‘American Animals’ is the latest in a series of questionably necessary antihero true stories.
American Animals sets itself apart from other biopics pretty much instantly; aside from focusing on (and sympathizing with) people whose story isn’t particularly familiar to most viewers, Moviepass Ventures’ first release also boldly features its real subjects, four men waxing poetic about the time they tried to steal 12 million dollars in art and historical documents. This mixed format–mostly biopic with a little bit of angled documentary thrown in for good measure–does help viewers understand the circumstances surrounding the Kentucky library heist, but it doesn’t explain why the movie happened in the first place.
If the movies are any indication, it seems like we’re obsessed with watching people fail upwards or get away with something. By “we,” I’m of course referencing the mythic moviegoing audience that studio executives have in mind when they greenlight a project. And the aforementioned “people” who get the big-screen treatment are pretty much all white, of varying talent and income levels. So far this year, the phenomenon has reached Tonya Harding (I, Tonya), Tommy Wiseau (The Disaster Artist), and now the four students featured in American Animals. Each of these films is stylistically distinct, painstakingly framing their subjects as misunderstood rock-star types with all-American dreams and unconventional ways of achieving them. This trend is ironic for a few reasons, chief among them the uncomfortable truth that failing upward or getting away with something doesn’t seem nearly as appealing when its source isn’t an Oscar-bait film, but instead the 24-hour news cycle.
So why do good biopics happen to bad (or mediocre, or very questionable) people? Why did American Sniper make box office bank and The Greatest Showman inspire legions of musical-lovers to ignore P.T. Barnum’s profoundly shady history? Why do tons of morally conscious film buffs (myself included) revel in the shiny amoral glory of The Social Network? Why did The Wolf of Wall Street even happen? Here’s a simple answer: regardless of their various moral failings, these are all white protagonists who, on some level or another, actualize their specific, larger-than-life dreams. They’re the hyper-traditional image of the American dream, complete with satisfying montages of money, awards, and excess, and the “based on a true story” label just means that there’s a chance that audience can do it too–only they’ll get it right this time. That’s the dominant narrative we’ve had for decades, and (white) audiences have historically eaten that stuff up. Until non-marginalized audiences signal loudly and clearly that we want something different, and until the filmmaking system makes quantifiable room for more diverse voices, we’ll continue to be inundated with movies about controversial, slightly famous cartoonists and controversial, slightly famous biographers.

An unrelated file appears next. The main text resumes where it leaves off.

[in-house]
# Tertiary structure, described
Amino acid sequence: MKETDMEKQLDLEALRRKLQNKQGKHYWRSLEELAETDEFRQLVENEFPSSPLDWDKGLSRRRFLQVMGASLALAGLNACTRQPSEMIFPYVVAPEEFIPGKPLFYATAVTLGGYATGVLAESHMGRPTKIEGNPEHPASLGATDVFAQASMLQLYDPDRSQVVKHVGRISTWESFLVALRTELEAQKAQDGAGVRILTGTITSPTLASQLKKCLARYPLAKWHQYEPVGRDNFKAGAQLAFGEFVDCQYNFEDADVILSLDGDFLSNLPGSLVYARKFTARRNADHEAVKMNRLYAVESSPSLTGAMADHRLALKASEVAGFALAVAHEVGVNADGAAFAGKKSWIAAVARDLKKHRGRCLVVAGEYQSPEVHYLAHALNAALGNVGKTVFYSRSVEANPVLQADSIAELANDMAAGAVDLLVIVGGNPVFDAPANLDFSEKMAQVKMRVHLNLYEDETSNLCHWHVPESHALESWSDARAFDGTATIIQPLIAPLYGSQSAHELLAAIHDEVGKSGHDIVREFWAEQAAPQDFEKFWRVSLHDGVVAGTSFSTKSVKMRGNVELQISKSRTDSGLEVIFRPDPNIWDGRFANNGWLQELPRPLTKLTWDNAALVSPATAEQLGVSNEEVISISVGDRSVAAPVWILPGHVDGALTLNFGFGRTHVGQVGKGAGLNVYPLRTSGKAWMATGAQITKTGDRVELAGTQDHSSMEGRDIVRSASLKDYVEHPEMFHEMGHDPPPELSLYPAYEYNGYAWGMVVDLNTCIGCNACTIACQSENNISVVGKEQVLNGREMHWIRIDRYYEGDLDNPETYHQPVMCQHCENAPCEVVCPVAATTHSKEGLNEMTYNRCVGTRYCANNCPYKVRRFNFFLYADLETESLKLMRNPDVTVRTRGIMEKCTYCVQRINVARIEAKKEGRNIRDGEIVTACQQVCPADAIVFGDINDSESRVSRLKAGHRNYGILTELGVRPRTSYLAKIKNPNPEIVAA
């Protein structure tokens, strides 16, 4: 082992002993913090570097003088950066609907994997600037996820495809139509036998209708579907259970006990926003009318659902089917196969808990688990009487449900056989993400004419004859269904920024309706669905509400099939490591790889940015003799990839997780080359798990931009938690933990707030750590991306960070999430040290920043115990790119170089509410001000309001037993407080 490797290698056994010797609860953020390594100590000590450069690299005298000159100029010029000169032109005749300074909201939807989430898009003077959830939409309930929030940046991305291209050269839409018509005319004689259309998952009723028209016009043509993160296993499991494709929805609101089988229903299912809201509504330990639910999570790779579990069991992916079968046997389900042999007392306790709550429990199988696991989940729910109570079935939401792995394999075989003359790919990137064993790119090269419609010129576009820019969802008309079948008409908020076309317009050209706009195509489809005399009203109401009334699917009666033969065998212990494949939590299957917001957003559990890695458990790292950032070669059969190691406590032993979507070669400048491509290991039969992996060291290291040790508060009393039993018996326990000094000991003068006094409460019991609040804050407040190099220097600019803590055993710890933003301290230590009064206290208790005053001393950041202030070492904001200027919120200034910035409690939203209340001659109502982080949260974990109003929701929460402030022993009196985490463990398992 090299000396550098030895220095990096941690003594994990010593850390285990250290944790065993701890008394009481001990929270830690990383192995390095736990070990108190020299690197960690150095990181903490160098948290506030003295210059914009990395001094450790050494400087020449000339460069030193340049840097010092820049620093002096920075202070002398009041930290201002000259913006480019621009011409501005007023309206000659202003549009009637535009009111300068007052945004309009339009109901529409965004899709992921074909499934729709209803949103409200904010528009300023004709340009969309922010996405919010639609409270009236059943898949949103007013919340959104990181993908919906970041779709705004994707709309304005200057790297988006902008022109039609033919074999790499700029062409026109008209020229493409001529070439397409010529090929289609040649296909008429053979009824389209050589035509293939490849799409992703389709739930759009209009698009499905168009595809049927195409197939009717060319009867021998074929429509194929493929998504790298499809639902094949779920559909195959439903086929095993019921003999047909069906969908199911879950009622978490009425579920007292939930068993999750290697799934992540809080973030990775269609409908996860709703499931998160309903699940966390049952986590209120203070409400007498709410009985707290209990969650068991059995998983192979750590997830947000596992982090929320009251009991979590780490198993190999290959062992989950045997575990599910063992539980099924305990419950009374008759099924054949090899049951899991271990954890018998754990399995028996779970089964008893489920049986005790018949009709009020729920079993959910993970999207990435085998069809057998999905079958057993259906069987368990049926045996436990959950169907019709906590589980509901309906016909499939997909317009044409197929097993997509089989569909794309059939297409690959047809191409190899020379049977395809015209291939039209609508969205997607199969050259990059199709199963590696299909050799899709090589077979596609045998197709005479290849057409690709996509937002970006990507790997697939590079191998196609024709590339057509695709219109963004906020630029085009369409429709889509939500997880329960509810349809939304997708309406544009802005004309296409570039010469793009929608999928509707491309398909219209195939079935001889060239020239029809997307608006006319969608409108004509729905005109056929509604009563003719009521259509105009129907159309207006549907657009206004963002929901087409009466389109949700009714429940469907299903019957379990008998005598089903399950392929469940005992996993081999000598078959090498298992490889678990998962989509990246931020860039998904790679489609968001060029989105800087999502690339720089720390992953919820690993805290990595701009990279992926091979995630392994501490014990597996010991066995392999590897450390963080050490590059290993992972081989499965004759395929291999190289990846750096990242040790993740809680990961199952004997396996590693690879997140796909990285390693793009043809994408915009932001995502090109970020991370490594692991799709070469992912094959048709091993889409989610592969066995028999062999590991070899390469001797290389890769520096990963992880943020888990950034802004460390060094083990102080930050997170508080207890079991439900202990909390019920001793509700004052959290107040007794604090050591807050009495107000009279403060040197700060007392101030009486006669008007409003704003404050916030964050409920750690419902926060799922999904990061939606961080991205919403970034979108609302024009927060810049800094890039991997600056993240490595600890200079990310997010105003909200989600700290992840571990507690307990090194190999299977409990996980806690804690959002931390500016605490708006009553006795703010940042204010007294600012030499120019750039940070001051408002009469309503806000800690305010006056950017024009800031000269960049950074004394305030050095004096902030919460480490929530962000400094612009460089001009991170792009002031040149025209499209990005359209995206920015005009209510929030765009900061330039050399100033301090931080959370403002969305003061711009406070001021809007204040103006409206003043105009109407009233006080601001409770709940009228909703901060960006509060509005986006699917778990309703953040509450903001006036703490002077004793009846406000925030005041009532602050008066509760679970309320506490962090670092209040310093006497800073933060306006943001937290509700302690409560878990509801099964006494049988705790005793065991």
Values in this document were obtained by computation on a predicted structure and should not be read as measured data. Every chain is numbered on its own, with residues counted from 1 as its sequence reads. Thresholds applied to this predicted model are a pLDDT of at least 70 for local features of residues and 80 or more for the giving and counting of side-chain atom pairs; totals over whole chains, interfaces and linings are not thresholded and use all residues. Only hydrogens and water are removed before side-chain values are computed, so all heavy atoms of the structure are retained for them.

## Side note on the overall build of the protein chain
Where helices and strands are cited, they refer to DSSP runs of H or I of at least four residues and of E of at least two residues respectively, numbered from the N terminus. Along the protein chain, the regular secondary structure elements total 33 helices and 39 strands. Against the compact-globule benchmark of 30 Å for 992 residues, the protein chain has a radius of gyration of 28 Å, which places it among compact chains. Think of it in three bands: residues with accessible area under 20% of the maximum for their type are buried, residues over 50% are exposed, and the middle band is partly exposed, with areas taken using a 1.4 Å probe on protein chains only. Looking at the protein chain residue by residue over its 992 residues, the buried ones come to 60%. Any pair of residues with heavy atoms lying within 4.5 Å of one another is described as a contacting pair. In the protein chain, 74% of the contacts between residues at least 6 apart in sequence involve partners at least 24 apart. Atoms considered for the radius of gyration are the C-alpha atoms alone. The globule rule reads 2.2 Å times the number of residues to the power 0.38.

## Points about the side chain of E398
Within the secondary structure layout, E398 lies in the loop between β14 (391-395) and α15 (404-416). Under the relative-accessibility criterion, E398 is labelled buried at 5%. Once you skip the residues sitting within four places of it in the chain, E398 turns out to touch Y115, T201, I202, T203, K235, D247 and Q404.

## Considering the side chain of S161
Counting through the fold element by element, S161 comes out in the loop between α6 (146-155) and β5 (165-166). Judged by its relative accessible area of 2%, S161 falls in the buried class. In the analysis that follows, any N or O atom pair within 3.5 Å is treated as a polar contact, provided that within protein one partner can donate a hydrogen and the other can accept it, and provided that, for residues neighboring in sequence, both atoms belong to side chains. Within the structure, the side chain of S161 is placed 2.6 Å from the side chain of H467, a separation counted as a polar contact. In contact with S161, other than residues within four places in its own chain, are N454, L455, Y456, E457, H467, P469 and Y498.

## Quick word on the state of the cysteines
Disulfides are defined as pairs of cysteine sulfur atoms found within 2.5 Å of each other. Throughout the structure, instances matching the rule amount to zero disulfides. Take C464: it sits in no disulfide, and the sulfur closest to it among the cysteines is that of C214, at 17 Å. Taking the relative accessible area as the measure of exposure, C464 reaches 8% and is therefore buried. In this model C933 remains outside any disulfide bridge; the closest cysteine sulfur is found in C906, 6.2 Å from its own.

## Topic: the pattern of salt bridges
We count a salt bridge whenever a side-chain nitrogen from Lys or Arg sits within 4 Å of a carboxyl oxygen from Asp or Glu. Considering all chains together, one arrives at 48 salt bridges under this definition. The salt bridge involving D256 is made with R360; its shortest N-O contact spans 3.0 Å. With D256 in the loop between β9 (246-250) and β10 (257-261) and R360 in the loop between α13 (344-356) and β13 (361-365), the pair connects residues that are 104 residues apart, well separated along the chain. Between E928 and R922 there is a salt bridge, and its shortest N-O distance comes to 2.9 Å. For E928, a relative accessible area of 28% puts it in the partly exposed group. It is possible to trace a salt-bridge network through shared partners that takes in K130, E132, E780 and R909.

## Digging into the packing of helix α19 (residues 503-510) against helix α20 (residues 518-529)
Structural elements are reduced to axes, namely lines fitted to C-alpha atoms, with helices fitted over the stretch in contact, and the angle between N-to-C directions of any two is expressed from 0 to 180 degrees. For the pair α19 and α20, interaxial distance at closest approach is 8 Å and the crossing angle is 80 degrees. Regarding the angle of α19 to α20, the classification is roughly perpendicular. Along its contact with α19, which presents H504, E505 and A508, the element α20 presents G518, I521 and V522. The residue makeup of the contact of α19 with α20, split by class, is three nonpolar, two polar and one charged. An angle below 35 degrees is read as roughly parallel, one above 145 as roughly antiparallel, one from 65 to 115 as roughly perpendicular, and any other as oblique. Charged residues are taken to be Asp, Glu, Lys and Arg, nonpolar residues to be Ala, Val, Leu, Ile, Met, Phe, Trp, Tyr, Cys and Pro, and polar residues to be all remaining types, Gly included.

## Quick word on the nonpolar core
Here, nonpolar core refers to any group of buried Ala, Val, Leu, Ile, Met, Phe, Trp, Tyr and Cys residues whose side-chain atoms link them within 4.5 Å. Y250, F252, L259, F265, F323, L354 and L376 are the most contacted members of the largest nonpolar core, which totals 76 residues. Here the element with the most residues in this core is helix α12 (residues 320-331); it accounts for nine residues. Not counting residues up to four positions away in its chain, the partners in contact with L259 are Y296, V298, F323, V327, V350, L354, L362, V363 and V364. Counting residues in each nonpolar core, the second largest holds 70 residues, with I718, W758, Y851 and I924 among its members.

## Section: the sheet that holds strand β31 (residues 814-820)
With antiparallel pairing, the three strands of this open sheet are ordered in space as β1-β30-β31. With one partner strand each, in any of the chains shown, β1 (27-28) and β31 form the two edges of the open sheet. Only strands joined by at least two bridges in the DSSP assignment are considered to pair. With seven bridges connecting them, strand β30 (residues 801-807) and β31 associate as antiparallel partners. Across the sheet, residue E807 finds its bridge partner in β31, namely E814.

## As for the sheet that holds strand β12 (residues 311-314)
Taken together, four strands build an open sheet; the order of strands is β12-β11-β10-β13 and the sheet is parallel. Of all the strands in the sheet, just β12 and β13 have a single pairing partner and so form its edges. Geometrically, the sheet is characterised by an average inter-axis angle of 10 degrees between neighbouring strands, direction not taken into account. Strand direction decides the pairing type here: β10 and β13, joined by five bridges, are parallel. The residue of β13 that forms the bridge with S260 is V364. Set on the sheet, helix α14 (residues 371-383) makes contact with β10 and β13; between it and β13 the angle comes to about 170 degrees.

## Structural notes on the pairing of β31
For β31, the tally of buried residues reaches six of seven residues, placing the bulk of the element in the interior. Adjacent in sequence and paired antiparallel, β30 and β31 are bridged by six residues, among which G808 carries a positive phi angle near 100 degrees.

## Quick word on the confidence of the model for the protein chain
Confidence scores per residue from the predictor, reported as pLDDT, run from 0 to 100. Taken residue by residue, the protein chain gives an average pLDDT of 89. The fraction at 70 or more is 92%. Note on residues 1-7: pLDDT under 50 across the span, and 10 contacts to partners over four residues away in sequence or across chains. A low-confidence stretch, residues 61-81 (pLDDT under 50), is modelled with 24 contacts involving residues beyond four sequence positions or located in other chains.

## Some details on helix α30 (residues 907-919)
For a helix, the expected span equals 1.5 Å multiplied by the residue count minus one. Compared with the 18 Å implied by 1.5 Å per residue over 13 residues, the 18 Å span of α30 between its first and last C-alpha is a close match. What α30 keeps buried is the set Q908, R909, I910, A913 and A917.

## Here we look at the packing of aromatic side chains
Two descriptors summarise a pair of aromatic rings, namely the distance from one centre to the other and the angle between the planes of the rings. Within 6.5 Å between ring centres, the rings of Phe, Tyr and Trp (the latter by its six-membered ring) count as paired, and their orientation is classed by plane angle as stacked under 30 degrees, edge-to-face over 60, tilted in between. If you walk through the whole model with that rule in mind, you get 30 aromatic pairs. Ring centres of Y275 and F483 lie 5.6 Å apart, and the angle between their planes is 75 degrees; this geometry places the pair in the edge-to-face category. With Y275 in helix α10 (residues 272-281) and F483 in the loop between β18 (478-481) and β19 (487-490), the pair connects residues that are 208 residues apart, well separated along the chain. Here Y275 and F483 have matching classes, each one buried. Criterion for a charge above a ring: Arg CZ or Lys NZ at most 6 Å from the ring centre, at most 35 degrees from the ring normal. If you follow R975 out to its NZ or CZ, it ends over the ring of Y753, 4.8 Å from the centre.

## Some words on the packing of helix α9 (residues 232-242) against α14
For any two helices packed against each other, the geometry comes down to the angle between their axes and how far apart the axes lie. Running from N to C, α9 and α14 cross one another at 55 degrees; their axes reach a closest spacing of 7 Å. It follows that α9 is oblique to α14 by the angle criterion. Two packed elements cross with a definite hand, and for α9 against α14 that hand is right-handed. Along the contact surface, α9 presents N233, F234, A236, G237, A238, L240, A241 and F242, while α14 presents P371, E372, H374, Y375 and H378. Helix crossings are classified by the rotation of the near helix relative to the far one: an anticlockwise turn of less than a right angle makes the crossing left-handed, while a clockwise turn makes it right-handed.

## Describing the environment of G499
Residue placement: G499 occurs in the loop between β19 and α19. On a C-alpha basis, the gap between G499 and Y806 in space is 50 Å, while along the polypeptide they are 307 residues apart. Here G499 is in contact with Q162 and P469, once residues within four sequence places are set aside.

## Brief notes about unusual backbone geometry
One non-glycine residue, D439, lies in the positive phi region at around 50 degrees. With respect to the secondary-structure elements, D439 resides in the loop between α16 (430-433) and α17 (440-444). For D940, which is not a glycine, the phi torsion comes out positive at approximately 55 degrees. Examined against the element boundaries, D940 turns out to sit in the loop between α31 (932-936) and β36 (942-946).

The wrench in all this is that many of these films aren’t bad. I, Tonya, for example, is both a rarely-seen authentic portrait of abuse and ambition in the working class and a brazen standout that’s the exact opposite of the boring biopic stereotype. It’s easy to dislike something when watching it feels bad, but what about when the forces of great filmmaking conspire to make you enjoy a revisionist true story where bad guys seem a little like heroes? American Animals and movies like it usually feature exceptional, all-in actors (Evan Peters has never been better), endorphin-sparking soundtracks, and filmmaking intended to make each moment feel as epic as humanly possible. The best of these also incorporate convincing commentary about the irrelevance of their own status as fact-based movies, like when Tonya Harding (Margot Robbie) says in I, Tonya: “There’s no such thing as truth. It’s bullshit. Everyone has their own truth, and life just does whatever the fuck it wants.” Who cares if we’ve done bad things, these films seem to be saying, since nothing has rhyme or reason anyway?
Luckily, good ambitious anti-hero stories will likely never go away, but my hope is that the recent surplus of middling ones–the ones which mine obscure “untold stories” about white mediocrity, taking up space which could otherwise be used to tell fresh, diverse, and truly untold stories–are a trend that will eventually clear out.
Here’s a less simple answer to the question of antihero biopics; empathetic audiences like to imagine a world with room for moral complexity, sometimes to the point of ignoring reality. We see this every day in thinkpieces and round-table discussions attempting to explain the nuances and strategies supposedly hidden in the tweets of our political leaders. We do it to rationalize the behaviors of friends, family, and coworkers whose ideologies would be unacceptable to us if we weren’t close to them. And while shades of gray are real and essential to any discussion, this habit seems to me like a mechanism of self-protection more than anything else. We feel safe with what we know regardless of its inherent rightness or truth, whether what we know is our problematic families, our idea that the people in government must know what they’re doing, or our favorite white-guys-failing-upwards movies. But who really wants to play it safe all the time?
There’s a vast, exciting world out there, full of incredible true stories that are waiting to be discovered those who dare to look beyond what’s already been done. So why not try?